Parent Update Week of Sept. 13-17, 2021

THANK YOU Jacobsen Construction and United Way of Salt Lake for your Day of Caring at East Midvale. The new mural and information kiosk at the front of the school will be completed mid October.  The ga ga pits were repainted and re-installed, the entrance door to the community garden was re-done, the garden cleaned up and a new path was put in place to  the red hallway.

CHIP – Children’s Health Insurance Program.   Do you need help applying or have questions?  Rebecca Vazquez, the CSD representative,  is happy to help and you can call her at 801-826-7272.  She will be at East Midvale on  Wed. Sept. 22 for in person appointments.  CHIP covers dental, well child exams, immunizations, prescriptions, and many other services.

2nd Step Social Emotional Tips of the week will begin again on Monday September 20.  Look for parent square post.

SCHOLASTIC BOOK FAIR Sept. 21 / 22 –  run by parent volunteers  in media center at East Midvale. Hours to be announced.

NO AFTERSCHOOL PROGRAM Wed. Sept 22 through Fri. Sept 24.

PARENT TEACHER CONFERENCES Sept. 22-23   They will be held virtually again this year.  Look for sign up information from your child’s teacher this week.

NO SCHOOL Sept. 24 Friday

Day of Caring 2021 – Thank you!

Thank you Jacobsen Construction and United Way of Salt Lake!

New welcome mural and information kiosk will be finished mid October.  Community Garden door re-painted!

Volunteers cleared gardens, pulled weeds, cut overgrown bushes and laid a new red paver path created for our kindergarten and preschool students to travel to the red hall!

Our Ga Ga pits were disassembled, sanded, re-painted and replaced on the playground so students can continue to enjoy playing Ga Ga ball at recess and class game time.

Canyons District Joins Nationwide Lawsuit Against Vape Maker Juul Labs

Canyons School District is joining a mass-action federal lawsuit against Juul Labs, alleging the e-cigarette maker has downplayed the health risks of its products in marketing campaigns to minors, which has led to an increase in vaping on school campuses. 

About 500 school districts across the country, including Tooele, Provo, Ogden, Jordan, Salt Lake, Washington, South Sanpete, and now Canyons, have become a part of the suit, according to Joel Wright with Kirton McConkie, the law firm representing Utah’s school districts. The suit has been filed in U.S. District Court of the Northern District of California where Juul is headquartered. The trial is scheduled to begin in March.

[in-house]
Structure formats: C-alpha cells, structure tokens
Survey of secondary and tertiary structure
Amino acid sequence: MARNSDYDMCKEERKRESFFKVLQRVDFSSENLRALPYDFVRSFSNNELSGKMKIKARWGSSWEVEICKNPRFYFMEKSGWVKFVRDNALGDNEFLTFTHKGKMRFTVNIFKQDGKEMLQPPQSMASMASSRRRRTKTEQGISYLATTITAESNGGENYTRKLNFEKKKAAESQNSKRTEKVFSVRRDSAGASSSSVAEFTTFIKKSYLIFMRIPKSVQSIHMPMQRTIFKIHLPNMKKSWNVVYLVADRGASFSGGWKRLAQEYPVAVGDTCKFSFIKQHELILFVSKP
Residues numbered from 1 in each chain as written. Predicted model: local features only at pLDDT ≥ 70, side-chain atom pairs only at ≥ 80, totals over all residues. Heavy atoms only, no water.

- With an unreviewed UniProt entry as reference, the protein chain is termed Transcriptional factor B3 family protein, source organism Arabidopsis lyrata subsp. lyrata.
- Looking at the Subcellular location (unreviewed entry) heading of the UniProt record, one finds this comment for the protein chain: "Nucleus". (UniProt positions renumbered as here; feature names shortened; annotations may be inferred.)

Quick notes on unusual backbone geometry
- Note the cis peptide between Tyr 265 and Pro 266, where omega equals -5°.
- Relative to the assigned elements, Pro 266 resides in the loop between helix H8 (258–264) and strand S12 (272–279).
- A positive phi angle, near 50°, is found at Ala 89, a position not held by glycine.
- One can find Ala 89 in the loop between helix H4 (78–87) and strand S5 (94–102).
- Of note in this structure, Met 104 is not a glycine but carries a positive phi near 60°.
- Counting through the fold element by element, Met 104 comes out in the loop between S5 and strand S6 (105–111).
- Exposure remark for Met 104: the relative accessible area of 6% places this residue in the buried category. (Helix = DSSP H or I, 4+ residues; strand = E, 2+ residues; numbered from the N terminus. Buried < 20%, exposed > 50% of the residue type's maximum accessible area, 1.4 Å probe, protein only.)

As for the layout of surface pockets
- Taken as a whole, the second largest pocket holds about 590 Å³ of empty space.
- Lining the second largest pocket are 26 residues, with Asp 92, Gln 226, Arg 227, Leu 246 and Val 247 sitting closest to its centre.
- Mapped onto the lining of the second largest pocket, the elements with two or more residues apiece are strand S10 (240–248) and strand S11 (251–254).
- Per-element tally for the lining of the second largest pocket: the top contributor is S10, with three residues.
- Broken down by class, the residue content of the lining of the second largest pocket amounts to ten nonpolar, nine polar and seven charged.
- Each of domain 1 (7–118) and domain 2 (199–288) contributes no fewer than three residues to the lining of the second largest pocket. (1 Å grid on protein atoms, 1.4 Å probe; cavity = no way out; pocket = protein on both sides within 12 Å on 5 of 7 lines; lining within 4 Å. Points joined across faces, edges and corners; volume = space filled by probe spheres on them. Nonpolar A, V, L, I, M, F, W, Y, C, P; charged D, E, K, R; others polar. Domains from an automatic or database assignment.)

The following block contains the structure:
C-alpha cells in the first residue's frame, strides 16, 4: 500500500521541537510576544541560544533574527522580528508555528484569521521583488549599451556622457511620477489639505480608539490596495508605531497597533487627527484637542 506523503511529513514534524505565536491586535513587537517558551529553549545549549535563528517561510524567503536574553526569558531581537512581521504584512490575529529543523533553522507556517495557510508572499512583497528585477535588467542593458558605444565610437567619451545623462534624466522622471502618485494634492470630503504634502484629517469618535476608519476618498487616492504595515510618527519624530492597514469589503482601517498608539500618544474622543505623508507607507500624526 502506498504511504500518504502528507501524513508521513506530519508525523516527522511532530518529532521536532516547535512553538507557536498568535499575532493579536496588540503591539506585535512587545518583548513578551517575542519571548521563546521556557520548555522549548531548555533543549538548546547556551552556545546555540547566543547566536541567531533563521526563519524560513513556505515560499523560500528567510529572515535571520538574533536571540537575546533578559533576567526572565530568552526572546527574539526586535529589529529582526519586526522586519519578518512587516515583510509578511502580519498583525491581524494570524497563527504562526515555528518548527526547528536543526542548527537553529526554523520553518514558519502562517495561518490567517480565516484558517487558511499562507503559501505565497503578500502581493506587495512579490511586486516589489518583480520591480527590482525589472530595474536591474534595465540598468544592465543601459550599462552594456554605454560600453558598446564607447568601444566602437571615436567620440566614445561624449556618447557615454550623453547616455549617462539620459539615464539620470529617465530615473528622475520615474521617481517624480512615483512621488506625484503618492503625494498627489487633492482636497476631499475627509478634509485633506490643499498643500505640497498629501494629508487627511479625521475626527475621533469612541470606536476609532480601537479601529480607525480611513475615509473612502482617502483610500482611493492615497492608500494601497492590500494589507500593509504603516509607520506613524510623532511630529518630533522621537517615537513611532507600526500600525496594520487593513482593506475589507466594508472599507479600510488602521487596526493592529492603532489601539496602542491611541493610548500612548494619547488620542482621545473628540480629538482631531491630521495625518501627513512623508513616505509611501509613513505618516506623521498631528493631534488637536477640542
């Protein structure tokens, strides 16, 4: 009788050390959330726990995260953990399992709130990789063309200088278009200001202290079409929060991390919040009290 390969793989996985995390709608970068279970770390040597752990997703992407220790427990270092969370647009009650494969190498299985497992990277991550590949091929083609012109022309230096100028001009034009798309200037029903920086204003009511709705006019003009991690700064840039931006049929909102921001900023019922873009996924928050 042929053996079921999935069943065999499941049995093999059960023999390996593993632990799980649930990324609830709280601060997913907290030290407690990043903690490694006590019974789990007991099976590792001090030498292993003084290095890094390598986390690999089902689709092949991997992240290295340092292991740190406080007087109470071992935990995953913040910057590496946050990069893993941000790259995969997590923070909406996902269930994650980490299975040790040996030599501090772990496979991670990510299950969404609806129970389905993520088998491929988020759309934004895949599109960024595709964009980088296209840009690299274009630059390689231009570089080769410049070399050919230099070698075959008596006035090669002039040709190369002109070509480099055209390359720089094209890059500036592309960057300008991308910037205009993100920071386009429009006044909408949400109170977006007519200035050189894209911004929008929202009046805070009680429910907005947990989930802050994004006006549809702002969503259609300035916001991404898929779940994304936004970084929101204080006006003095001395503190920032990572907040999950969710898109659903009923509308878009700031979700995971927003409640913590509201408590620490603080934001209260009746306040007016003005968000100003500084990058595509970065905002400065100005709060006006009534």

Since their introduction to the U.S. market in 2006, electronic cigarettes, or vaping devices, with their colorful designs and sweet flavors named after popular desserts, candy, and fruit, have grown increasingly popular, especially among teenagers and young adults. The Utah Department of Health estimates that nearly 25 percent of Utah students in eighth, 10th, and 12th grades have tried vaping. 

In Canyons District in 2019, there were 219 school office referrals for e-cigarette use or possession. That’s up from about 35 referrals in 2010. 

“With this lawsuit we hope to bring attention to the toll vaping is taking on the health of our school children,” said Canyons General Counsel Dan Harper, prior to the Canyons Board of Education’s decision on Sept. 7 to move forward with the lawsuit. “It’s also having an impact on schools, which have diverted staff resources for vaping cessation and education programming. These products have been marketed as safe alternatives to smoking. But they have reignited tobacco use among a population that had never smoked, and we feel it’s important to bring this issue to light.”   

If successful, the districts that join the suit could receive money from Juul, valued at $10 billion, to pay for education initiatives, student-supervision personnel, cessation counselors, and vaping detectors, among other tools and programs for vaping-prevention efforts.

Vaping devices heat up a liquid to create an aerosol vapor, which the user inhales. Designed to resemble USB flash drives, keychains or lipstick tubes, they are easy to conceal and don’t emit the strong odor associated with conventional combustion cigarettes. It’s not uncommon for students to use the devices in school bathrooms, locker rooms, outside school campuses, or even in classrooms.

recent study by the U.S. Centers for Disease Control study found that 99 percent of e-cigarettes sold in the United States contain nicotine, which can harm the adolescent brain, particularly the parts of the brain that control attention, learning, and mood and impulse control. They can also contain “other harmful substances” and put young people at risk for future addiction problems, the CDC says.

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